I think you're perception is that your getting more fermentables from the steeping grains and the pumpkin. You're not.
    The OG difference can be off from the kits prediction for a number of reasons( water volume, temp of sample, how well you rinsed the cans, not mixed well, etc). Make no mistake about it though, if you added all the extracts and fill your fermentor to the five gallon mark, you will hit the correct amount of fermentable sugars for the kit.
    Mashing grains in an all grain or mini mash is when you want to start tracking your efficiency. If your doing kits, you can just rely on what the kit maker says as being accurate.
    Hope this helps.
    Brian
     
  7. BrewHop

    BrewHop New Member

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    Hey Mentor,

    I agree with what you have said but there is another thread regarding his pumpkin recipe which gives some more info.

    I believe he actually steeped the pumpkin with some 6 row at about 155F to try to get any pumpkin sugars to convert. Thus, I believe at that temp it would convert some pumpkin if not it's own sugars into fermentables. It seems like he did some version of a mini-mash, but I could be wrong about what he did too... :D
     
  8. MrBIP

    MrBIP Active Member

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    You are right, and after I thought about it, seems that pumpkin surely had to account for those few points in OG. Too bad that can't be included somehow in the recipe calculator.

    So far, it's doing what it suppose to do, been in primary since Sunday afternoon and appears now to be coming to end. I'm out of town this weekend, so think I'll just leave it sit and hope to transfer to secondary Monday-Tuesday.
     
  9. BrewHop

    BrewHop New Member

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    Bip,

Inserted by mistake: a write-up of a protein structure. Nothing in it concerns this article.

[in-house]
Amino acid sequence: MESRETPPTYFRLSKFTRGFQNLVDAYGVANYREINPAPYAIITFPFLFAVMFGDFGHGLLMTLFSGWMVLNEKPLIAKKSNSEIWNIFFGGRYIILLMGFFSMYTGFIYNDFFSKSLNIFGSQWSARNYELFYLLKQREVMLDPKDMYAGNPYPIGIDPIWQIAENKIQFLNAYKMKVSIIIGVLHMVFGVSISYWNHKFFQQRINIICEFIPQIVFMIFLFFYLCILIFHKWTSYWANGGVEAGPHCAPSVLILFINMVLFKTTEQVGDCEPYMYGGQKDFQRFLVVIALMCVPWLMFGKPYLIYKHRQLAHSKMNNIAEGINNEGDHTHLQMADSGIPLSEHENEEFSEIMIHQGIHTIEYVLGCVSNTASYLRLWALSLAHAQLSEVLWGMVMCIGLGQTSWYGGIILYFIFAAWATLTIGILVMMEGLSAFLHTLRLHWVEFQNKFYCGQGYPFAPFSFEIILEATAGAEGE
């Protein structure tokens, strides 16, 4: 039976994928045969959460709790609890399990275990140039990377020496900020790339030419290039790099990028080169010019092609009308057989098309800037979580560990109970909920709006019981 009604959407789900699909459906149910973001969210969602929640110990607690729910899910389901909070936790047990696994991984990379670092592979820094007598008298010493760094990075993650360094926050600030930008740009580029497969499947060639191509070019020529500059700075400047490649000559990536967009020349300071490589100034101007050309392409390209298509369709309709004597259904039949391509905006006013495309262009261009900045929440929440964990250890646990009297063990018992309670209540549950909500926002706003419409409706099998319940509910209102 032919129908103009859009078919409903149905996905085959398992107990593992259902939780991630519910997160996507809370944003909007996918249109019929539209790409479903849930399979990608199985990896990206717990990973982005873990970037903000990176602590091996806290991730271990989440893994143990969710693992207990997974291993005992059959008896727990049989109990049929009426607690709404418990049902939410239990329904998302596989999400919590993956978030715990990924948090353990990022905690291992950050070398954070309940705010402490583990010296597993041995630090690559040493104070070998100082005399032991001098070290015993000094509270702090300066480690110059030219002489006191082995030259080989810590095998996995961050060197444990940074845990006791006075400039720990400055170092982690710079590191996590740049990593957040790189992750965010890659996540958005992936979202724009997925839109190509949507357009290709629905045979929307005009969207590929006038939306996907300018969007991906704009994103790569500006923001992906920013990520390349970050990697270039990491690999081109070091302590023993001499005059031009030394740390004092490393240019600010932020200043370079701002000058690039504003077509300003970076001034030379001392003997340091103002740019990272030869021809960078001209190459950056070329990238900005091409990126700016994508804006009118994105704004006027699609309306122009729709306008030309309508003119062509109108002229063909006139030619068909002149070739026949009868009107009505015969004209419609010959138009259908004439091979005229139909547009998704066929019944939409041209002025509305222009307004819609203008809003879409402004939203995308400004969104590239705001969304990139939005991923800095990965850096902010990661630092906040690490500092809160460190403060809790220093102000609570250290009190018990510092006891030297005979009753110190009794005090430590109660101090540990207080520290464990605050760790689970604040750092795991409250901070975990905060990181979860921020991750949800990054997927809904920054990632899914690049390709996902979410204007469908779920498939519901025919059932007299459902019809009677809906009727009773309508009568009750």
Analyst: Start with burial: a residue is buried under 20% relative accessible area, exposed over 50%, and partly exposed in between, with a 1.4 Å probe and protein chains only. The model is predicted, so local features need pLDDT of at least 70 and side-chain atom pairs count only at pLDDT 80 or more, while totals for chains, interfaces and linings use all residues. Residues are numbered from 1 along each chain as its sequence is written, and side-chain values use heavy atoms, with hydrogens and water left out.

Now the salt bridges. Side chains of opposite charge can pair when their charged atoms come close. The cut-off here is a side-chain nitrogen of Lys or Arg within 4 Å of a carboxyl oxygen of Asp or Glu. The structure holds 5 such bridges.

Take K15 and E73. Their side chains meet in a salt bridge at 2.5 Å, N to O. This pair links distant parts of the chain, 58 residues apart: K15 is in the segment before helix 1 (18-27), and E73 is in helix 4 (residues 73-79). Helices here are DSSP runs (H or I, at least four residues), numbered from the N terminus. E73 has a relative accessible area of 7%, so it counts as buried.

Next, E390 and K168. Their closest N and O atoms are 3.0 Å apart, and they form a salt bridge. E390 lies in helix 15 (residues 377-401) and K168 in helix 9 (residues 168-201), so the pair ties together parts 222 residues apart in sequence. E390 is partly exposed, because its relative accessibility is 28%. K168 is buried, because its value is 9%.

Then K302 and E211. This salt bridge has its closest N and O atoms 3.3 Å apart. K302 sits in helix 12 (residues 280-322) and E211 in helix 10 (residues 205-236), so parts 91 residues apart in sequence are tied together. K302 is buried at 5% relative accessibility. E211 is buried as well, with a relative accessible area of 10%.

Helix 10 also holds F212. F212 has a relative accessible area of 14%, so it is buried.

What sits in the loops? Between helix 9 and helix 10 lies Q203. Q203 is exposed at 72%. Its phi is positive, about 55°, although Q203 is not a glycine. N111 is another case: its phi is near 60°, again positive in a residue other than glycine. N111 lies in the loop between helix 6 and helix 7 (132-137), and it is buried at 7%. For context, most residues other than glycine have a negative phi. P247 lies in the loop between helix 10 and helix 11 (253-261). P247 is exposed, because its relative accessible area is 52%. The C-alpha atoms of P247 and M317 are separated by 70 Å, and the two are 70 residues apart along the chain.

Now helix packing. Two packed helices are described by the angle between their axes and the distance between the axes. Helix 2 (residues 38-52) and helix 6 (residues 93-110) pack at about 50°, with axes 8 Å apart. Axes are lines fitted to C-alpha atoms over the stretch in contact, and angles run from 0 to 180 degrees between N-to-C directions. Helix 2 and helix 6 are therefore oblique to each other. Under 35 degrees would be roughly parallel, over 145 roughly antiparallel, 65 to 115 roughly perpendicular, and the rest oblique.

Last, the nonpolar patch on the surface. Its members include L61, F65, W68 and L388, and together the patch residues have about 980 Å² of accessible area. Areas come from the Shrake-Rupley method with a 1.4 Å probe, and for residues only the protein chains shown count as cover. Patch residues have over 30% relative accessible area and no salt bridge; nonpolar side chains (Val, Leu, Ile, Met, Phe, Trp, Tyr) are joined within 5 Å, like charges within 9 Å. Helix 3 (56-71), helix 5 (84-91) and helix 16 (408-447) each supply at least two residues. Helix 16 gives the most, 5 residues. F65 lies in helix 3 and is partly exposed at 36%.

Like others said before, there are really a lot of factors in what OG you get even if it shows that it should be a certain number in you recipe calculator. I almost never hit the numbers in the recipe and am pretty consistencly a few points under.

    I would leave the beer in primary for about 2 to 4 weeks personally.
     
  10. LarryBrewer

    LarryBrewer Active Member

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    Sounds like you could fix that by lowering your efficiency estimate on the recipe a couple points!

    Consistency is what matters, not how high your efficiency is. In fact, the way the system looks at efficiency is going to be expanded dramatically in the next release. We are also going to have a blog post on what the different types of efficiency are, and how they are arrived at.
     
  11. MrBIP

    MrBIP Active Member

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    well, i can see from reading message boards, Papazian, playing with brew calculators, reading about / researching ingredients, etc. that I'm going to get caught up in this.

    .............. and I cracked a bud light for the first time in a long time during this baseball game and after I finish choking it down I'm going to have a pop or bottle of water and wait patiently for my own brew to finish so can drink something good. :D
     
  12. MrBIP

    MrBIP Active Member

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    HA! I figured it out.
    I was using defaults for LME and DME; when I look up and plug in the actual values for the products that came with this kit, the recipe calculator gives me a 1.061 ... spot on to what I actually got. (I know, I know, it was close enough, but now that I see I can put in "custom" numbers, I'll just use what the product is actually telling me rather than the defaults).

    .... doesn't work with my second batch that calculates 1.069, but read 1.076 when I got it in the fermenter, but no worries; it smelled and tasted awesome.

    (I'm going to have to belly up and by the membership here; the recipe calculator is great and forum has been very helpful).